Our findings indicate that the factors of age, education level, age at menarche, number of sex and knowledge were predictors of sexual function. Several studies have shown that age is the most important risk factors for FSD (20-22). Oksuz et al reported similar results (23).  Smith et al found that women with 60 years of age and older, had the highest incidence of sexual problems (24); they also reported a decrease in sexual desire (25), likely due to the hormonal changes of menopause.
A sexual function decrement with increasing age has also been observed in longitudinal and cross-sectional studies (26-28). Also, the experience of sexual problems was decreased with higher educational levels in women and men (29). In fact, it seems that higher education provide more opportunity to have more reproductive health information and to use health care services effectively. Research showed that risk factors for FSD include age, sexually transmitted disease, lower educational attainment, physical health, and life-style (23).
Female sexual dysfunction (FSD), a multifactorial disorder, is a combination of psychological, biological and individual components (22, 30, 31). Sexuality is not only influenced by family, societal and religious beliefs but also is affected by aging, health status and personal experience as well as socio-economic status (18).
In this study, subjects were selected randomly from health care centers. The predictors of sexual function were determined in reproductive women and therefore, generalization of the results to other age groups should be undertaken with caution. It is recommended to do complementary studies on menopausal women. Besides, a similar study can be performed in women referring to the private sector. Researches on men can also be performed. Another recommendation is to present necessary educational interventions on sexual matters for couples and investigating its effect on sexual behavior.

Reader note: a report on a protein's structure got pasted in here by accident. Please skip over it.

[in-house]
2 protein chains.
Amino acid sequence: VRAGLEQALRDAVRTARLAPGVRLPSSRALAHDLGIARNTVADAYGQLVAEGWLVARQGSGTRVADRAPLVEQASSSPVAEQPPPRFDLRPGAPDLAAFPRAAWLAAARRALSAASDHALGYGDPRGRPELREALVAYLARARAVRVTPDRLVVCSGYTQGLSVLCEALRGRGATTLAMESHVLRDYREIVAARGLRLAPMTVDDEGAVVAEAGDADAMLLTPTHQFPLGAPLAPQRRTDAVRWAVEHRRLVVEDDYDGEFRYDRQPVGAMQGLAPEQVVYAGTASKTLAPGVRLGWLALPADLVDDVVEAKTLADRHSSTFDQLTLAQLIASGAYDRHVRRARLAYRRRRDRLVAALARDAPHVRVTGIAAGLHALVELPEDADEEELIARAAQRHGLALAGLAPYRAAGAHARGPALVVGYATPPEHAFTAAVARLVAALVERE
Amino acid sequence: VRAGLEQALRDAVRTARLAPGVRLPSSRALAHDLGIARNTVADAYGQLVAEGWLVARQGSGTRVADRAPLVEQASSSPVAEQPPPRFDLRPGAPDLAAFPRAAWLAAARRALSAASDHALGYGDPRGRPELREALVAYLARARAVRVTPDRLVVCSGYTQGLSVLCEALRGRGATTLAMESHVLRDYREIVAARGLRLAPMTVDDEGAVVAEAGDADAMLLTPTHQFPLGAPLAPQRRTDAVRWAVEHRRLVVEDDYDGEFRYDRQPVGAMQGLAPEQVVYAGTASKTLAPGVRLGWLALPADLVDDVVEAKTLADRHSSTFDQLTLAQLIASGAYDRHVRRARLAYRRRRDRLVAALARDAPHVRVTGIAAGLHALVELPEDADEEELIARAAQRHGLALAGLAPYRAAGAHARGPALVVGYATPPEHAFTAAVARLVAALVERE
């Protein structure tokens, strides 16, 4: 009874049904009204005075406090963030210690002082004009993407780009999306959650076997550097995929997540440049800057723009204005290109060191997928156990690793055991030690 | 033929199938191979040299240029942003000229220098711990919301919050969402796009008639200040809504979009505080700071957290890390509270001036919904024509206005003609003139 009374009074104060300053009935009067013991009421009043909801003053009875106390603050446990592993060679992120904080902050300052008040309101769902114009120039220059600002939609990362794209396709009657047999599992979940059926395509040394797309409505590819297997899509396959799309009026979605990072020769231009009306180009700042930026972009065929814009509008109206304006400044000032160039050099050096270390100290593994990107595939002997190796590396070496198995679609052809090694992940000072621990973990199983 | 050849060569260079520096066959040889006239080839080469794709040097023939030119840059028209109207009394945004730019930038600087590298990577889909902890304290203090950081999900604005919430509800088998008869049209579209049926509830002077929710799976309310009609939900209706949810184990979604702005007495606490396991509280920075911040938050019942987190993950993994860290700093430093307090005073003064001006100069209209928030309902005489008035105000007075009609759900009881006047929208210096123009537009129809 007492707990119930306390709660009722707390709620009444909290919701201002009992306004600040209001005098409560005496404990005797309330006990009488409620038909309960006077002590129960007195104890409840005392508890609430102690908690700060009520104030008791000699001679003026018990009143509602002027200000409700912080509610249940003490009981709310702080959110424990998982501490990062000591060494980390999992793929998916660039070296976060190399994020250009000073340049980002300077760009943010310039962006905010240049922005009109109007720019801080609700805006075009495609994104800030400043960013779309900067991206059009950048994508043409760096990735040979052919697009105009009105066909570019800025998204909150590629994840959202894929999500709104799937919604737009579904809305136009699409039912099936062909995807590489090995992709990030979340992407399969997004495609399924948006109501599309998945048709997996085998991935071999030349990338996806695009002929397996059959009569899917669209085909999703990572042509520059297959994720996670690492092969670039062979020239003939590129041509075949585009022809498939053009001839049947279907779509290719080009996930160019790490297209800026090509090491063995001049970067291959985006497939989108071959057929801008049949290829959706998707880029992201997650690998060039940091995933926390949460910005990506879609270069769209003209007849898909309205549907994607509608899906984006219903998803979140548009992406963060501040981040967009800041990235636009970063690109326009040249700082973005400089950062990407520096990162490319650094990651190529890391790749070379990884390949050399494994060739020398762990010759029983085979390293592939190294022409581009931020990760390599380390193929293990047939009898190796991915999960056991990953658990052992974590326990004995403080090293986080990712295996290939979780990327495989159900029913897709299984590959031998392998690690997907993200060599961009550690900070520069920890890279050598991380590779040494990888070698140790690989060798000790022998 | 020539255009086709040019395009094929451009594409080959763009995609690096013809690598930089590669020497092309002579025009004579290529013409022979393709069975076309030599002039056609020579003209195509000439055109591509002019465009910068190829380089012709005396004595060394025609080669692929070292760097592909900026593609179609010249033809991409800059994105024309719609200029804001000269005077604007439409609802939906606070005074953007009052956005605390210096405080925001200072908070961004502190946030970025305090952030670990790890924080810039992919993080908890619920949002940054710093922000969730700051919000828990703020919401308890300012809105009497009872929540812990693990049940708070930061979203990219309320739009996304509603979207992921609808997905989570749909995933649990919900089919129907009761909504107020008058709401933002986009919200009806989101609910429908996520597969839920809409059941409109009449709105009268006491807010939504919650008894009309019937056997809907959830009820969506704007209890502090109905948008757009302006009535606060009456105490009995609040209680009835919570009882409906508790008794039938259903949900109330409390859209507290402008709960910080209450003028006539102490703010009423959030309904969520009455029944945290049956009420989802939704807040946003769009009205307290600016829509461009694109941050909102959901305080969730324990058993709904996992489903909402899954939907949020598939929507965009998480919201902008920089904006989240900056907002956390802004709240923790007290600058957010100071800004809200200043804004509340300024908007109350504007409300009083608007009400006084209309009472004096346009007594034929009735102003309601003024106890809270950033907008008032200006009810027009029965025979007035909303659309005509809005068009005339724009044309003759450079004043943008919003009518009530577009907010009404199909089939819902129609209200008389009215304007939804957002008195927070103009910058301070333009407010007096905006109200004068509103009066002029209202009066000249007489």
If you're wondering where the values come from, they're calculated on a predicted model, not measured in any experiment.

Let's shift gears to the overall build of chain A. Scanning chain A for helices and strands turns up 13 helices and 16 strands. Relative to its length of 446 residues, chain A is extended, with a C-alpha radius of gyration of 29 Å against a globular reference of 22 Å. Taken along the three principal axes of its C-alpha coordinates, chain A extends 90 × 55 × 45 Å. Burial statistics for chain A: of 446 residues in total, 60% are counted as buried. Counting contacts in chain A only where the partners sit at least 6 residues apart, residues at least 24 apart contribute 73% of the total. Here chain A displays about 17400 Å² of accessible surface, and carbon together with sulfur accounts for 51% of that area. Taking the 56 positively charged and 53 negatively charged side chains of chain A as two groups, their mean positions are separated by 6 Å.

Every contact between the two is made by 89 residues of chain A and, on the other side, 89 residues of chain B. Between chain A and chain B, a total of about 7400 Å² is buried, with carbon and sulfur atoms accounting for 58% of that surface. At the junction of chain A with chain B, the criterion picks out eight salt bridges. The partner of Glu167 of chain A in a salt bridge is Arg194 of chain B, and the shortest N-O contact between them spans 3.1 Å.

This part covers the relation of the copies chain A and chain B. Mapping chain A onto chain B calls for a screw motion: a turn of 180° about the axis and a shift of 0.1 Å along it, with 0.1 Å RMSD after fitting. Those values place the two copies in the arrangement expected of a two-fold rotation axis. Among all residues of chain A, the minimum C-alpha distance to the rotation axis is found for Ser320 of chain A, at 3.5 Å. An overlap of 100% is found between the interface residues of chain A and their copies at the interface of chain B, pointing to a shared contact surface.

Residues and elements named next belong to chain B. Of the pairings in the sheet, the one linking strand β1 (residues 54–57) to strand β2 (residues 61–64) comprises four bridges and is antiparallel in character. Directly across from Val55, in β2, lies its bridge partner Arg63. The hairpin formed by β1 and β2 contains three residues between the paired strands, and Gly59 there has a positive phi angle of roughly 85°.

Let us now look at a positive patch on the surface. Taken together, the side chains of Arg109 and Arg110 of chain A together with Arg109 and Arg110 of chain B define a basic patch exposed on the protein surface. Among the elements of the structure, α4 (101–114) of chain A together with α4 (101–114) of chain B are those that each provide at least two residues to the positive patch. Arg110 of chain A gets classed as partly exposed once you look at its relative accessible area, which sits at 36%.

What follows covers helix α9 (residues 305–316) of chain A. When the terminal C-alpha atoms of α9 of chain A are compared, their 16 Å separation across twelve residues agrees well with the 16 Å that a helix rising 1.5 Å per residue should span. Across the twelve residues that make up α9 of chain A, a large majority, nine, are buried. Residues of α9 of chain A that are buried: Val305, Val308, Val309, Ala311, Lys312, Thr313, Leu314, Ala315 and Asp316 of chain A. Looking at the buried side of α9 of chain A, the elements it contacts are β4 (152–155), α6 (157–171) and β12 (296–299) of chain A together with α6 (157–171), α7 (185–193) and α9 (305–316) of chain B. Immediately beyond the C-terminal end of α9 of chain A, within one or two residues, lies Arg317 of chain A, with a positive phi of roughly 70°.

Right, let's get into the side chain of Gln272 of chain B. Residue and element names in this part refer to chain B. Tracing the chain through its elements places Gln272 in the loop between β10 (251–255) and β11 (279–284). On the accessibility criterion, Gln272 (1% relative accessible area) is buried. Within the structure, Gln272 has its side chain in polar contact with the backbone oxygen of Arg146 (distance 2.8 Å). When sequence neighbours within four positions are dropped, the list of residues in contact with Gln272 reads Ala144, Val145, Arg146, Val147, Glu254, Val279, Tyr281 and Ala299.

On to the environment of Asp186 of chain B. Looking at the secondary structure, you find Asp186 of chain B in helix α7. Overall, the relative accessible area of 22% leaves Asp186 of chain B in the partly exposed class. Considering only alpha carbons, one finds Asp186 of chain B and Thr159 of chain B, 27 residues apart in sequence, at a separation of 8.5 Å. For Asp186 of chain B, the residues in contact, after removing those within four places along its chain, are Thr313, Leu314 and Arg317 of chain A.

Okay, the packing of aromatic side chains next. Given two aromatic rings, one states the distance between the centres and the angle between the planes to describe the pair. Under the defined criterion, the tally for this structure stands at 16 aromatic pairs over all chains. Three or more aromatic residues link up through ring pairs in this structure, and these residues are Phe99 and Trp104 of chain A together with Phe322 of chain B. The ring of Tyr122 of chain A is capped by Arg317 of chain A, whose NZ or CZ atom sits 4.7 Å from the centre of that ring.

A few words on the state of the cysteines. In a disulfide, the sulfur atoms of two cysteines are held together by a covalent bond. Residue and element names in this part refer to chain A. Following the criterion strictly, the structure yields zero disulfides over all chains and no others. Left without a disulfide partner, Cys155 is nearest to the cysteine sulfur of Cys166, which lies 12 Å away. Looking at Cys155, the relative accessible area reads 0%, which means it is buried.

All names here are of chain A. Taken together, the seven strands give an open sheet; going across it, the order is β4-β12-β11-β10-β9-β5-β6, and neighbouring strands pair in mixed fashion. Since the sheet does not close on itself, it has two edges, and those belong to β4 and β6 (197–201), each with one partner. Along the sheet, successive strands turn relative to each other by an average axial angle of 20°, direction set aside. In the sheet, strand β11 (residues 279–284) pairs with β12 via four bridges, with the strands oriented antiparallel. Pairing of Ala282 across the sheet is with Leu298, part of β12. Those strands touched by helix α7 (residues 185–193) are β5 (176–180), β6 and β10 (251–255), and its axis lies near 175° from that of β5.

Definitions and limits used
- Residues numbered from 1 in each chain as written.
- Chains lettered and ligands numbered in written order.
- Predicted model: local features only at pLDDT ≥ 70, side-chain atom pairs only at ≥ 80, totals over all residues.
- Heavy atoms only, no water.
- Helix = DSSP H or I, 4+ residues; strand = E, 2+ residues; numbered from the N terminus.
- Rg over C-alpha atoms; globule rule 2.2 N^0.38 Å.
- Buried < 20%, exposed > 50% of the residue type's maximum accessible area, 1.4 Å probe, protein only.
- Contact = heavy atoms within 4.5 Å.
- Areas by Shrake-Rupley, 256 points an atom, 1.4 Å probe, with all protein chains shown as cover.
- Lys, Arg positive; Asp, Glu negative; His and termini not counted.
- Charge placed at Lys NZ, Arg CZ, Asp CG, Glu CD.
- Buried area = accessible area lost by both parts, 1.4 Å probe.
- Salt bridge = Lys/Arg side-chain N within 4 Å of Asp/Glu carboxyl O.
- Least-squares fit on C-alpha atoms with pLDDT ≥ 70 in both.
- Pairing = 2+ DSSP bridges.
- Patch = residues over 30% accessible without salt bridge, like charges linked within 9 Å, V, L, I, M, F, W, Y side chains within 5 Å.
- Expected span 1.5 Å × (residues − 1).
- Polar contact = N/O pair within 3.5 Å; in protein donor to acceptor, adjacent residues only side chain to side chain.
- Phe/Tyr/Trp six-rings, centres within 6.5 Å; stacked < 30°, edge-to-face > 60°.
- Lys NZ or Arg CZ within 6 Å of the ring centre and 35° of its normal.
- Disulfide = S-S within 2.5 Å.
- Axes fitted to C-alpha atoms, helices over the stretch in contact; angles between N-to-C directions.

Conclusion





According to the results, sexual function of the women in this study was in a borderline level. Considering the critical impact of sexual function on the health of couples, sexual function predictors are significant to help and plan prevention programs.




 

Acknowledgements




Hereby, we would like to appreciate the Research Deputy of Guilan University of Medical Sciences, Faculty of Nursing and Midwifery, authorities and staff of Health Centers and all of the women who patiently assisted us in collecting data.







 

References                                     

1. Stamatiou K, Margariti M, Nousi E, Mistrioti D, Lacroix R, Saridi M. Female sexual dysfunction (fsd) in women health care workers. Mater Sociomed.2016;28(3):178-82. [DOI:10.5455/msm.2016.28.178-182]
2. Safarinejad MR. Female sexual dysfunction in a population-based study in Iran: prevalence and associated risk factors. IJIR. 2006;18(4):382-95. [DOI:10.1038/sj.ijir.3901440]
3. Shin H, Min B, Park J, Son H. A 10-year interval study to compare the prevalence and risk factors of female sexual dysfunction in Korea: the Korean internet sexuality survey (KISS) 2014. Int J Impot Res. 2017;29(2):49-53. [DOI:10.1038/ijir.2016.41]
4. World Health Organization: ICD-11 for Mortality and Morbidity Statistics (ICD-11 MMS) 2018 version. Sexual dysfunctions. Available from:https://icd.who.int/browse11/l-m/en#/http%3a%2f%2fid.who.int%2ficd%2fentity%2f160690465.
5. Rosen R, Brown C, Heiman J, Leiblum S, Meston C, Shabsigh R, et al. The Female Sexual Function Index (FSFI): a multidimensional self-report instrument for the assessment of female sexual function. J Sex Marital Ther. 2000;26(2):191-208. [DOI:10.1080/009262300278597]
6. McCool-Myers M, Theurich M, Zuelke A, Knuettel H, Apfelbacher C. Predictors of female sexual dysfunction: a systematic review and qualitative analysis through gender inequality paradigms. BMC Womens Health 2018;18(1):108. [DOI:10.1186/s12905-018-0602-4]
7. DeRogatis L, Burnett A. The epidemiology of sexual dysfunctions. J Sex Med. 2008;5(2):289-300.  [DOI:10.1111/j.1743-6109.2007.00668.x]
8. Whiteheada D, Russell G. How effective are health education programs-resistance, reactance, rationality and risk? Recommendations for effective practice. Int J Nurs Stud. 2004;41(2):163-72. [DOI:10.1016/S0020-7489(03)00117-2]
9. Aisuodionoe-Shadrach OI. Perceptions of female sexual health and sexual dysfunction in a cohort of urban professional women in Abuja, Nigeria. Niger J Clin Pract. 2012;15(1):80-3. [DOI:10.4103/1119-3077.94104]
10. Jaafarpour M, Khani A, Khajavikhan J, Suhrabi Z. Female Sexual Dysfunction: Prevalence and Risk Factors. J Clin Diagn Res. 2013;7(12):2877-80. [DOI:10.7860/JCDR/2013/6813.3822]